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General General

Pulmonary Embolism in Acute Asthma Exacerbation: Clinical Characteristics, Prediction Model and Hospital Outcomes.

In Lung

PURPOSE : Little is known about the characteristics and impact of acute pulmonary embolism (PE) during episodes of asthma exacerbation. We aimed to characterize patients diagnosed with acute PE in the setting of asthma exacerbation, develop a prediction model to help identify future patients and assess the impact of acute PE on hospital outcomes.

METHODS : We included 758 patients who were treated for asthma exacerbation and underwent a computed tomographic pulmonary angiography (CTA) during the same encounter at a university-based hospital between June 2011 and October 2018. We compared clinical characteristics of patients with and without acute PE and developed a machine learning prediction model to classify the PE status based on the clinical variables. We used multivariable regression analysis to evaluate the impact of acute PE on hospital outcomes.

RESULTS : Twenty percent of the asthma exacerbation patients who underwent CTA had an acute PE. Factors associated with acute PE included previous history of PE, high CHA2DS2-VASc score, hyperlipidemia, history of deep vein thrombosis, malignancy, chronic systemic corticosteroids use, high body mass index and atrial fibrillation. Using these factors, we developed a random forest machine learning prediction model which had an 88% accuracy in classifying the acute PE status of the patients (area under the receiver operating characteristic curve = 0.899; 95% confidence interval: 0.885-0.913). Acute PE in asthma exacerbation was associated with longer hospital stay and intensive care unit stay.

CONCLUSION : It is important to consider acute PE, a potentially life-threatening event, in the setting of asthma exacerbation especially when other risk factors are present.

Alzghoul Bashar N, Reddy Raju, Chizinga Mwelwa, Innabi Ayoub, Zou Baiming, Papierniak Eric S, Faruqi Ibrahim

2020-May-18

Asthma, Asthma exacerbation, Pulmonary embolism, Pulmonary vascular disease

Public Health Public Health

Artificial Intelligence-Empowered Mobilization of Assessments in COVID-19-like Pandemics: A Case Study for Early Flattening of the Curve.

In International journal of environmental research and public health ; h5-index 73.0

The global outbreak of the Coronavirus Disease 2019 (COVID-19) pandemic has uncovered the fragility of healthcare and public health preparedness and planning against epidemics/pandemics. In addition to the medical practice for treatment and immunization, it is vital to have a thorough understanding of community spread phenomena as related research reports 17.9-30.8% confirmed cases to remain asymptomatic. Therefore, an effective assessment strategy is vital to maximize tested population in a short amount of time. This article proposes an Artificial Intelligence (AI)-driven mobilization strategy for mobile assessment agents for epidemics/pandemics. To this end, a self-organizing feature map (SOFM) is trained by using data acquired from past mobile crowdsensing (MCS) campaigns to model mobility patterns of individuals in multiple districts of a city so to maximize the assessed population with minimum agents in the shortest possible time. Through simulation results for a real street map on a mobile crowdsensing simulator and considering the worst case analysis, it is shown that on the 15th day following the first confirmed case in the city under the risk of community spread, AI-enabled mobilization of assessment centers can reduce the unassessed population size down to one fourth of the unassessed population under the case when assessment agents are randomly deployed over the entire city.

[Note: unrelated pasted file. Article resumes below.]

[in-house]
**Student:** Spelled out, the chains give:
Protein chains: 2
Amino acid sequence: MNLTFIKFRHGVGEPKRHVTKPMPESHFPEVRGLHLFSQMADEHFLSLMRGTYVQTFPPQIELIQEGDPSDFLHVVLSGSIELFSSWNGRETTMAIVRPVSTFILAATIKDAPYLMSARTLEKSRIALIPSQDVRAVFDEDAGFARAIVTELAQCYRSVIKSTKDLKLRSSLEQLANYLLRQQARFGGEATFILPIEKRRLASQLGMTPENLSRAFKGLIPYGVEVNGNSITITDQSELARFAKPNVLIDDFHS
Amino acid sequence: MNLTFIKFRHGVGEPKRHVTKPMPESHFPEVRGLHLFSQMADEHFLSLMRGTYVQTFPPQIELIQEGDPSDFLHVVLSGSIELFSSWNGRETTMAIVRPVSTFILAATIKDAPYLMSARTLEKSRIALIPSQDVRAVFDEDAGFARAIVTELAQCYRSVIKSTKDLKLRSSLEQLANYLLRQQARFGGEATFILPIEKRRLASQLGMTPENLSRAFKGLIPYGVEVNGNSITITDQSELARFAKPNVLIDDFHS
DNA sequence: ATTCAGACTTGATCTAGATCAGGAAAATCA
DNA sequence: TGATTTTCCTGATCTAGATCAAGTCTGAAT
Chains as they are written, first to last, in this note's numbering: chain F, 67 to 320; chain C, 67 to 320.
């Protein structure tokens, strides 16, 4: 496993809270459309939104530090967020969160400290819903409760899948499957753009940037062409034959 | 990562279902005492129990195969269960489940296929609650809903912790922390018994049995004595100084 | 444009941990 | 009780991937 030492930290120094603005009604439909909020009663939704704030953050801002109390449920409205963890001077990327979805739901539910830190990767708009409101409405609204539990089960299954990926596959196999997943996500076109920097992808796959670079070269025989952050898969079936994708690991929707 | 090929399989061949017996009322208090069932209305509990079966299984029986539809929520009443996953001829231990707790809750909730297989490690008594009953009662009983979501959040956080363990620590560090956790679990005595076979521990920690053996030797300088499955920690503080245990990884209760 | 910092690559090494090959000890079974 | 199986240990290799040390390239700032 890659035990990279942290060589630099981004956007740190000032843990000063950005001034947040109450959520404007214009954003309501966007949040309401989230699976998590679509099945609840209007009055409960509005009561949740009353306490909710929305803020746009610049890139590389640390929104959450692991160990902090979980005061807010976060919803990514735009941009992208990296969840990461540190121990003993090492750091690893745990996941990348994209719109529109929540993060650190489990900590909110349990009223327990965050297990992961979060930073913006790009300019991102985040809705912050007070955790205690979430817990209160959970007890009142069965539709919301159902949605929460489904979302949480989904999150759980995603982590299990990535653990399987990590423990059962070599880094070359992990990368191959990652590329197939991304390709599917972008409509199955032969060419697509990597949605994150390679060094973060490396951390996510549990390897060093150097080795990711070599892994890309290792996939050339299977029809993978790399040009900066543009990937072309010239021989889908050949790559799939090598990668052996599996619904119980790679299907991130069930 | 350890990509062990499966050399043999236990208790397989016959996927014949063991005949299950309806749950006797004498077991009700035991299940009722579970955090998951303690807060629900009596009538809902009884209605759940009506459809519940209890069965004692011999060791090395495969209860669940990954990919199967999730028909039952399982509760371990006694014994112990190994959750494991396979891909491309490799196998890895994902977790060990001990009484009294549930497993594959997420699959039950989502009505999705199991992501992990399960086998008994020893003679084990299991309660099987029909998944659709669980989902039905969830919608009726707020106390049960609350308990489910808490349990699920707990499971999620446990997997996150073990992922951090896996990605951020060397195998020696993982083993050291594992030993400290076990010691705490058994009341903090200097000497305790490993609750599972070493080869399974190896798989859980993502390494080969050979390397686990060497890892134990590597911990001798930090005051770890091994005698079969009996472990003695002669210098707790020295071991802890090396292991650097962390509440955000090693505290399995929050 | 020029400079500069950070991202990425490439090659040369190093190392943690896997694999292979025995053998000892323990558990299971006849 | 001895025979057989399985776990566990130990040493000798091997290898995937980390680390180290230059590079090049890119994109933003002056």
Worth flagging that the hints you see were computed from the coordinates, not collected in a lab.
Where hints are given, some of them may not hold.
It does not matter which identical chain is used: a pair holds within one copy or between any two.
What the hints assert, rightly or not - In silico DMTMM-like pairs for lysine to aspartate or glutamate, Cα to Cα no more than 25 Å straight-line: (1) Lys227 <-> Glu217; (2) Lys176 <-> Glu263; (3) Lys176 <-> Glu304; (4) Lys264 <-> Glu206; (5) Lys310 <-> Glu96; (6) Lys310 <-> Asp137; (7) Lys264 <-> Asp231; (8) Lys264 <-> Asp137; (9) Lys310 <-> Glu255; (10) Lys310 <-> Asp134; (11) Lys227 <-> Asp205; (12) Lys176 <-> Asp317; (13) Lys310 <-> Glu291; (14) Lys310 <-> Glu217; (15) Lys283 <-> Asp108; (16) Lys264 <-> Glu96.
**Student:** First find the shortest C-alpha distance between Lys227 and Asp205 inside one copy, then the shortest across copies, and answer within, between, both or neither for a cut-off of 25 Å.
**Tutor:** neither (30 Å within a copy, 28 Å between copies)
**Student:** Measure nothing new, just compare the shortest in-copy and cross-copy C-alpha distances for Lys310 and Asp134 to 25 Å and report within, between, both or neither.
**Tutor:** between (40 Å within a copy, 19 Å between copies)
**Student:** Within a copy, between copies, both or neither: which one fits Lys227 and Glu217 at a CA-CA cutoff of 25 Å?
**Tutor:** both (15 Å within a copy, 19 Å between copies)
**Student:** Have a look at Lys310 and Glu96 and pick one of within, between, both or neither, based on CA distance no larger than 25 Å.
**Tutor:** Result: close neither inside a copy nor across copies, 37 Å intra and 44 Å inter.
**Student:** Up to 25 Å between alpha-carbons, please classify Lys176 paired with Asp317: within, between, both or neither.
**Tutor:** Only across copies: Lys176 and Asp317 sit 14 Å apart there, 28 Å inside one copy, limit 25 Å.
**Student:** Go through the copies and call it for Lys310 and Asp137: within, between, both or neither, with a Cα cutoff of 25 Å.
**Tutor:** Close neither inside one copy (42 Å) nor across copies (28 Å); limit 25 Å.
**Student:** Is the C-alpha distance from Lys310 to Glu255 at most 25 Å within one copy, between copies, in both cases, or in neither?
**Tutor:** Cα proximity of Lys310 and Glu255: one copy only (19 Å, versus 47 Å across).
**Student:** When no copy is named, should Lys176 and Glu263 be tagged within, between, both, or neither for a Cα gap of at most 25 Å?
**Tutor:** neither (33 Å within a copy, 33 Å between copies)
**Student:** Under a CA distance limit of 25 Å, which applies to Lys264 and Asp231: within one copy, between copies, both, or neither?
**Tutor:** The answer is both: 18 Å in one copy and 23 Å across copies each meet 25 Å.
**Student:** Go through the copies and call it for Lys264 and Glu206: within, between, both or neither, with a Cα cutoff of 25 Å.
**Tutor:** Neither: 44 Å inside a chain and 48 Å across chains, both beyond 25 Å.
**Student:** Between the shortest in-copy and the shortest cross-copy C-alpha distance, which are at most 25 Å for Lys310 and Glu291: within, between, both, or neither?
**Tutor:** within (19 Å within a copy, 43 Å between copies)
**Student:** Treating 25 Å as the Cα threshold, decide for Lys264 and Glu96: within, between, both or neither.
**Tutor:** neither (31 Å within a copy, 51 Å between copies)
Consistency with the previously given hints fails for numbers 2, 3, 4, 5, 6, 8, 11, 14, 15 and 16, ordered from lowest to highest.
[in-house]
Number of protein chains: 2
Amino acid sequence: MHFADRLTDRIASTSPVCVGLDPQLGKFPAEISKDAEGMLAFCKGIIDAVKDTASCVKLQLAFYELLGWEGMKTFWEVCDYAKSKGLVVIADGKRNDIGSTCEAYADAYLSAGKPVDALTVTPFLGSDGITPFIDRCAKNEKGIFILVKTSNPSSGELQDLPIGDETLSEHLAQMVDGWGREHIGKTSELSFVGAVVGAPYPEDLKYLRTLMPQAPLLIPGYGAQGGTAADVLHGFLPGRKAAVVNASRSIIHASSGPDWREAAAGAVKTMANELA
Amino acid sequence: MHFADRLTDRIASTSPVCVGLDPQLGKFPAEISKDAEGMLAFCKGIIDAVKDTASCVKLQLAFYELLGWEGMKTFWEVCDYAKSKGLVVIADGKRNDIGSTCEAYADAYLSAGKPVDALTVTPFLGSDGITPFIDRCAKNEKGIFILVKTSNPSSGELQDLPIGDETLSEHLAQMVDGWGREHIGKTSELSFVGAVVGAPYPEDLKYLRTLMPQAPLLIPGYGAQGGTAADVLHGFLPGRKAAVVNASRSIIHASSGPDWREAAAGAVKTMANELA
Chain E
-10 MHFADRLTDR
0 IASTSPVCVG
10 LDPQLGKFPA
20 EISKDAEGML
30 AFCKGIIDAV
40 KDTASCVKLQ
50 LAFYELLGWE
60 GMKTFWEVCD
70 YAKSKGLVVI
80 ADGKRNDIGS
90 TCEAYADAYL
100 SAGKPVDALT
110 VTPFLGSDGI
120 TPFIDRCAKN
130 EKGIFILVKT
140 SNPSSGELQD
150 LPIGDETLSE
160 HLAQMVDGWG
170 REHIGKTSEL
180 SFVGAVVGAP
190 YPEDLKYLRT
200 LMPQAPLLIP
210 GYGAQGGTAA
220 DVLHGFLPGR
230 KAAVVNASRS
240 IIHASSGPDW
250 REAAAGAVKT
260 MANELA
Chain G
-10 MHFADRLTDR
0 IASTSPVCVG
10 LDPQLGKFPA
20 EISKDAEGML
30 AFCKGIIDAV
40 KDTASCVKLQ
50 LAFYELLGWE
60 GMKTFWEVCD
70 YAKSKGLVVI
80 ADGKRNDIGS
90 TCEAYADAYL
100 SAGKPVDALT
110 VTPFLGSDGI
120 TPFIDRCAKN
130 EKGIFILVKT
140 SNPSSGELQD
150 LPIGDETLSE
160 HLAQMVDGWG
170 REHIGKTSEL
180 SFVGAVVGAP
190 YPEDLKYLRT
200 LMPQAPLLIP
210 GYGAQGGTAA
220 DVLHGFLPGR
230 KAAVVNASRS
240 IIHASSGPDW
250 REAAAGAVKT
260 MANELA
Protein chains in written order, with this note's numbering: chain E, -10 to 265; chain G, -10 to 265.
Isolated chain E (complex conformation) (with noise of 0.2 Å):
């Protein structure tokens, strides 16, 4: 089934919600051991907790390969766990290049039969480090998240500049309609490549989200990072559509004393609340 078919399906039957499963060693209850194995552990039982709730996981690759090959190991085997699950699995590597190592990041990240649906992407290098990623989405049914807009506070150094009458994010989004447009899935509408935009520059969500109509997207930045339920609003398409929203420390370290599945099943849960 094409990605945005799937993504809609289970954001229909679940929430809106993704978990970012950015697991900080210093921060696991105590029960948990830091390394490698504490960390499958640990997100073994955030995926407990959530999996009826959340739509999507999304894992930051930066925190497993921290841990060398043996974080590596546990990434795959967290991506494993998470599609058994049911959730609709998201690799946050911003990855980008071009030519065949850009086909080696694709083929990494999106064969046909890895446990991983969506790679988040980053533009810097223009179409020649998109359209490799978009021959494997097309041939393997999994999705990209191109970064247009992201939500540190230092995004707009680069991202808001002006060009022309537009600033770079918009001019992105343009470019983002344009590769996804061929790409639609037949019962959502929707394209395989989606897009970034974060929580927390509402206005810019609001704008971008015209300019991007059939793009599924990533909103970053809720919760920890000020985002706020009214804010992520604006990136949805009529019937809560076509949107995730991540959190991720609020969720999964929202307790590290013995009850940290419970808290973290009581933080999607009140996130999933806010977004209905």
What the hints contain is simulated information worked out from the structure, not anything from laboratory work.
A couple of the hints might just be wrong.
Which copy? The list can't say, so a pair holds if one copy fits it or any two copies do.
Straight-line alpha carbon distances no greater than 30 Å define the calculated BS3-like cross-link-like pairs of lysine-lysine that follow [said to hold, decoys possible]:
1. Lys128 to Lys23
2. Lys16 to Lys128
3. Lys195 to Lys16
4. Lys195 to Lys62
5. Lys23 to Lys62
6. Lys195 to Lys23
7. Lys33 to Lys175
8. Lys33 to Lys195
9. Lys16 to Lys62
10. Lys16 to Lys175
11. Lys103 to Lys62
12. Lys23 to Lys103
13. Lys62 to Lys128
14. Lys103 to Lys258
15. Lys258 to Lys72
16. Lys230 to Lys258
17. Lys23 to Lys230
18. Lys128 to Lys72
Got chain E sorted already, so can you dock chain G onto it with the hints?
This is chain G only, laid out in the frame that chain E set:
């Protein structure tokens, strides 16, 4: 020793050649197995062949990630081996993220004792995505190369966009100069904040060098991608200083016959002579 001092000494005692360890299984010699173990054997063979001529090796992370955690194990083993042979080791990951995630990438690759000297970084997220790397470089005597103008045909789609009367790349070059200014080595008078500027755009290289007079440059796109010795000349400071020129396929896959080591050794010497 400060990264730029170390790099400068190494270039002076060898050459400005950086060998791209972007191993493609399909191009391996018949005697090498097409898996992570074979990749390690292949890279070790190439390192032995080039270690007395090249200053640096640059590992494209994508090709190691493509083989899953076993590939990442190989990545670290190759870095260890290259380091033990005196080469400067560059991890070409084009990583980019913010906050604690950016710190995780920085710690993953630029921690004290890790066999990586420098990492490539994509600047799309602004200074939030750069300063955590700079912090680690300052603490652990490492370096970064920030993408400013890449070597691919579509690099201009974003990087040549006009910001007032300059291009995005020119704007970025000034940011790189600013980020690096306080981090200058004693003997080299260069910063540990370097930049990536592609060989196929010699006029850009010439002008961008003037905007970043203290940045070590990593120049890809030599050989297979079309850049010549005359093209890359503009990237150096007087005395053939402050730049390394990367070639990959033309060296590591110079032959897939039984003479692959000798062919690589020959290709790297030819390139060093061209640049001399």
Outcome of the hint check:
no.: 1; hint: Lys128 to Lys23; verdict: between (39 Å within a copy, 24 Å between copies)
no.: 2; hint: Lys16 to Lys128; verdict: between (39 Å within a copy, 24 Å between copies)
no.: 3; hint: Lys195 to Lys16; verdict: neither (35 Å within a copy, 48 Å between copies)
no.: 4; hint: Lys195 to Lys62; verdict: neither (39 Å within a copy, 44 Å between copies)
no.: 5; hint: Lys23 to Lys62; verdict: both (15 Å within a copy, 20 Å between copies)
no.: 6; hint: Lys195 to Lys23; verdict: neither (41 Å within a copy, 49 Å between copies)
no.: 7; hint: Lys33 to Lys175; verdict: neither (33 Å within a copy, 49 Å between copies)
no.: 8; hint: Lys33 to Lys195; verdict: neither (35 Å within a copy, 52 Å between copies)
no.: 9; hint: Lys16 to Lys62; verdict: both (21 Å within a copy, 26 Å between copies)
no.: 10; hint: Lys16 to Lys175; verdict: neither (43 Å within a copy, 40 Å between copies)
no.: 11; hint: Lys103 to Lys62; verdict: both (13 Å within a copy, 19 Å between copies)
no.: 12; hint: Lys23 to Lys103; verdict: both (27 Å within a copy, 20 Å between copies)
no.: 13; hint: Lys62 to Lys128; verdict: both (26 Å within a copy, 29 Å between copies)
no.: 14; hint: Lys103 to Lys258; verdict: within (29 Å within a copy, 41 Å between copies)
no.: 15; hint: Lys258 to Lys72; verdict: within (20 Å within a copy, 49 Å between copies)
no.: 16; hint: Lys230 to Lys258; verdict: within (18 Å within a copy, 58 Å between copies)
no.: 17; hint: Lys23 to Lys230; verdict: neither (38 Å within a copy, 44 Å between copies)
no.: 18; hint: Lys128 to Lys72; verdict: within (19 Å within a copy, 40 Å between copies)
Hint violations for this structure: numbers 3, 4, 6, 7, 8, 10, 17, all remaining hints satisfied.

Simsek Murat, Kantarci Burak

2020-May-14

Artificial Intelligence, COVID-19, epidemics, mobile assessment centers, neural networks, optimum route planning, pandemics, public health, self-organizing feature map

Public Health Public Health

Artificial Intelligence-Empowered Mobilization of Assessments in COVID-19-like Pandemics: A Case Study for Early Flattening of the Curve.

In International journal of environmental research and public health ; h5-index 73.0

The global outbreak of the Coronavirus Disease 2019 (COVID-19) pandemic has uncovered the fragility of healthcare and public health preparedness and planning against epidemics/pandemics. In addition to the medical practice for treatment and immunization, it is vital to have a thorough understanding of community spread phenomena as related research reports 17.9-30.8% confirmed cases to remain asymptomatic. Therefore, an effective assessment strategy is vital to maximize tested population in a short amount of time. This article proposes an Artificial Intelligence (AI)-driven mobilization strategy for mobile assessment agents for epidemics/pandemics. To this end, a self-organizing feature map (SOFM) is trained by using data acquired from past mobile crowdsensing (MCS) campaigns to model mobility patterns of individuals in multiple districts of a city so to maximize the assessed population with minimum agents in the shortest possible time. Through simulation results for a real street map on a mobile crowdsensing simulator and considering the worst case analysis, it is shown that on the 15th day following the first confirmed case in the city under the risk of community spread, AI-enabled mobilization of assessment centers can reduce the unassessed population size down to one fourth of the unassessed population under the case when assessment agents are randomly deployed over the entire city.